Sitting there, I realized that that there would have been many times in our marriage where similar circumstances would have triggered me. In our old dance, I might have said something like this (and would have thought all of it):

“Okay, it’s time for some sex fulfillment tonight. You know that tomorrow you are leaving me. That means I won’t be able to have any sex until you get home, and maybe not even then, cause you will be tired like always. I mean, you get home at midnight. So that shoots the return night out from having any physical intimacy. So we’d better be able to do something tonight.

Yeah, I know I will be home late from work. But it won’t be that late. So you will just have to be prepared for me. Never mind how your day might have been. (That consideration would not have been in my thoughts or caring). You knew you were to come home late from school, so you should have packed for your trip earlier today, that way when are both home, we can have some ‘goodbye sex’ time.”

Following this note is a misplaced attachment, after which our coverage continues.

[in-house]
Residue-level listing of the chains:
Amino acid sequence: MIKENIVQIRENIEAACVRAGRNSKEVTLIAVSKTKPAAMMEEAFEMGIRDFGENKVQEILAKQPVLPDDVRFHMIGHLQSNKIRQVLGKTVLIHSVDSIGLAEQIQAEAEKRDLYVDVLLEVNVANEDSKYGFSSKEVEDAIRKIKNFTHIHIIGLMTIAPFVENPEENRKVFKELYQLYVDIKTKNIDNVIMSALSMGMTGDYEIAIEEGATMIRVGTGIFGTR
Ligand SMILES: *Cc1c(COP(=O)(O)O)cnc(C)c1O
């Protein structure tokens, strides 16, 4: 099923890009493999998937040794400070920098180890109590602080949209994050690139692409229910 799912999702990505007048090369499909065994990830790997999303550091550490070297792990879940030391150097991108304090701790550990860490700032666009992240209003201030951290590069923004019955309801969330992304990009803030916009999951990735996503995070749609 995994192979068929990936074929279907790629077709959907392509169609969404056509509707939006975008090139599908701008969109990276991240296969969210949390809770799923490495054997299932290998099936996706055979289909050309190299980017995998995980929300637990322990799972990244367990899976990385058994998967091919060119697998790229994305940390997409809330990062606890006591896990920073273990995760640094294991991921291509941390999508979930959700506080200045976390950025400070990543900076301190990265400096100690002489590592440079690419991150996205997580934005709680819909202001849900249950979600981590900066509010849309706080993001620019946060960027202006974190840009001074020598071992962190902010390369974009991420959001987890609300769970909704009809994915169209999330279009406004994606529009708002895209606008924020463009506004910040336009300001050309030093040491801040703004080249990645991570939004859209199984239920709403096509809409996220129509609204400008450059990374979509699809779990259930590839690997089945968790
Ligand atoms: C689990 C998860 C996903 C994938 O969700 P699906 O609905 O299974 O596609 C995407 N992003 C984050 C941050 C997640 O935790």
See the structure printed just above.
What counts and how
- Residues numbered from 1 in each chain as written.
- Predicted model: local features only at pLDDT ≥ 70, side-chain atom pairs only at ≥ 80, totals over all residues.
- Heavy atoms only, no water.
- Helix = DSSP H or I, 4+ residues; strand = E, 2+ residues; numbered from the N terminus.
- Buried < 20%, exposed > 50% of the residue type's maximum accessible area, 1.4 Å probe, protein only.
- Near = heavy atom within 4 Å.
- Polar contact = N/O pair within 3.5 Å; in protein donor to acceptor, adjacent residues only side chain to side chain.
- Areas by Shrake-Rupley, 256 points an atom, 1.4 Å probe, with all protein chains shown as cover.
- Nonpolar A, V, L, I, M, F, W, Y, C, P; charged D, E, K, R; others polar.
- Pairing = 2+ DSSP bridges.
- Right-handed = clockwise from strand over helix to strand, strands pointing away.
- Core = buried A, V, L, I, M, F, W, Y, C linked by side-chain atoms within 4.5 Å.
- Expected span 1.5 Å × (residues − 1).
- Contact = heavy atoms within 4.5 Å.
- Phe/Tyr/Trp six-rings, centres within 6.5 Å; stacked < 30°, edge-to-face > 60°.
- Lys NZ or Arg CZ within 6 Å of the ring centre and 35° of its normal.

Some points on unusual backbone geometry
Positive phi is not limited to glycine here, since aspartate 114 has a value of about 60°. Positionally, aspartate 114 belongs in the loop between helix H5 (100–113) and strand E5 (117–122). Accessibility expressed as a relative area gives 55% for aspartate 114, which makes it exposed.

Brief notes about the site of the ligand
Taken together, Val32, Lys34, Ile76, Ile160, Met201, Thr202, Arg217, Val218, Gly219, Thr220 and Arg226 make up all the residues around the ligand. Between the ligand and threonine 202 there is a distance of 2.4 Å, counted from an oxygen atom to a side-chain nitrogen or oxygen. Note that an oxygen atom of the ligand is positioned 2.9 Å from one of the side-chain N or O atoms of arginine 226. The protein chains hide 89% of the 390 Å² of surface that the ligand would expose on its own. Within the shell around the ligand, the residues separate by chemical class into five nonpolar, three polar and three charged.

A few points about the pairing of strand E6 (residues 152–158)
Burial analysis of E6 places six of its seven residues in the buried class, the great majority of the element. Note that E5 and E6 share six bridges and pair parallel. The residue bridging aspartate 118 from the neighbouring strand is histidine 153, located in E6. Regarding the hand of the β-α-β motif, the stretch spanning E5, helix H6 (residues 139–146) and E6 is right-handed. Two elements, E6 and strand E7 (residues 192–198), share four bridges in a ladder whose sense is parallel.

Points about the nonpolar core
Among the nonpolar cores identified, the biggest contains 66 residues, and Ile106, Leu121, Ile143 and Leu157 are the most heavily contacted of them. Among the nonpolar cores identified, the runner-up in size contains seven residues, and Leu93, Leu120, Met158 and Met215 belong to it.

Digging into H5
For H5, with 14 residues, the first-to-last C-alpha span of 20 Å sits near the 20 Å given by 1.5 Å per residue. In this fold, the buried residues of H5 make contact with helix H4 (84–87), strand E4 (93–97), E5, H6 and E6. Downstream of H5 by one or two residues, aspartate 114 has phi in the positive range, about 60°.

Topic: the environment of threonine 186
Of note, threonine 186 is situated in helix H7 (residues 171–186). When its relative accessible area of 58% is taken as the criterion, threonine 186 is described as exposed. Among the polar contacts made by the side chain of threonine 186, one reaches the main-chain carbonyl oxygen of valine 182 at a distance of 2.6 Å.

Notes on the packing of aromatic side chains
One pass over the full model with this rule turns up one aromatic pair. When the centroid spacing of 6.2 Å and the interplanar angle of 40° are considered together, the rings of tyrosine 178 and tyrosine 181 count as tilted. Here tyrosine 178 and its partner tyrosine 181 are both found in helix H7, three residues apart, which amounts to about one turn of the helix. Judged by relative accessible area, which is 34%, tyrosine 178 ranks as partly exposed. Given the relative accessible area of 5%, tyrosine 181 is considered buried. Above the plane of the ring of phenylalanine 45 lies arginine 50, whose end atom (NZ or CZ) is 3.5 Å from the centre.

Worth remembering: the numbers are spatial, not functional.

After my wife would have returned home I would have thought:

“So now you are home, I know it’s late and you’re probably not interested in sex. But I am. Okay, so we can wait till the morning. You should be ready then, you know it’s been over a week now. I need to know that you still care for and love me. When we have sex at least we will be close and I will know you still want to be with me.” (Oh, the old erroneous thoughts with no consideration for her and her feelings!)

This is what I did in my new recovery dance: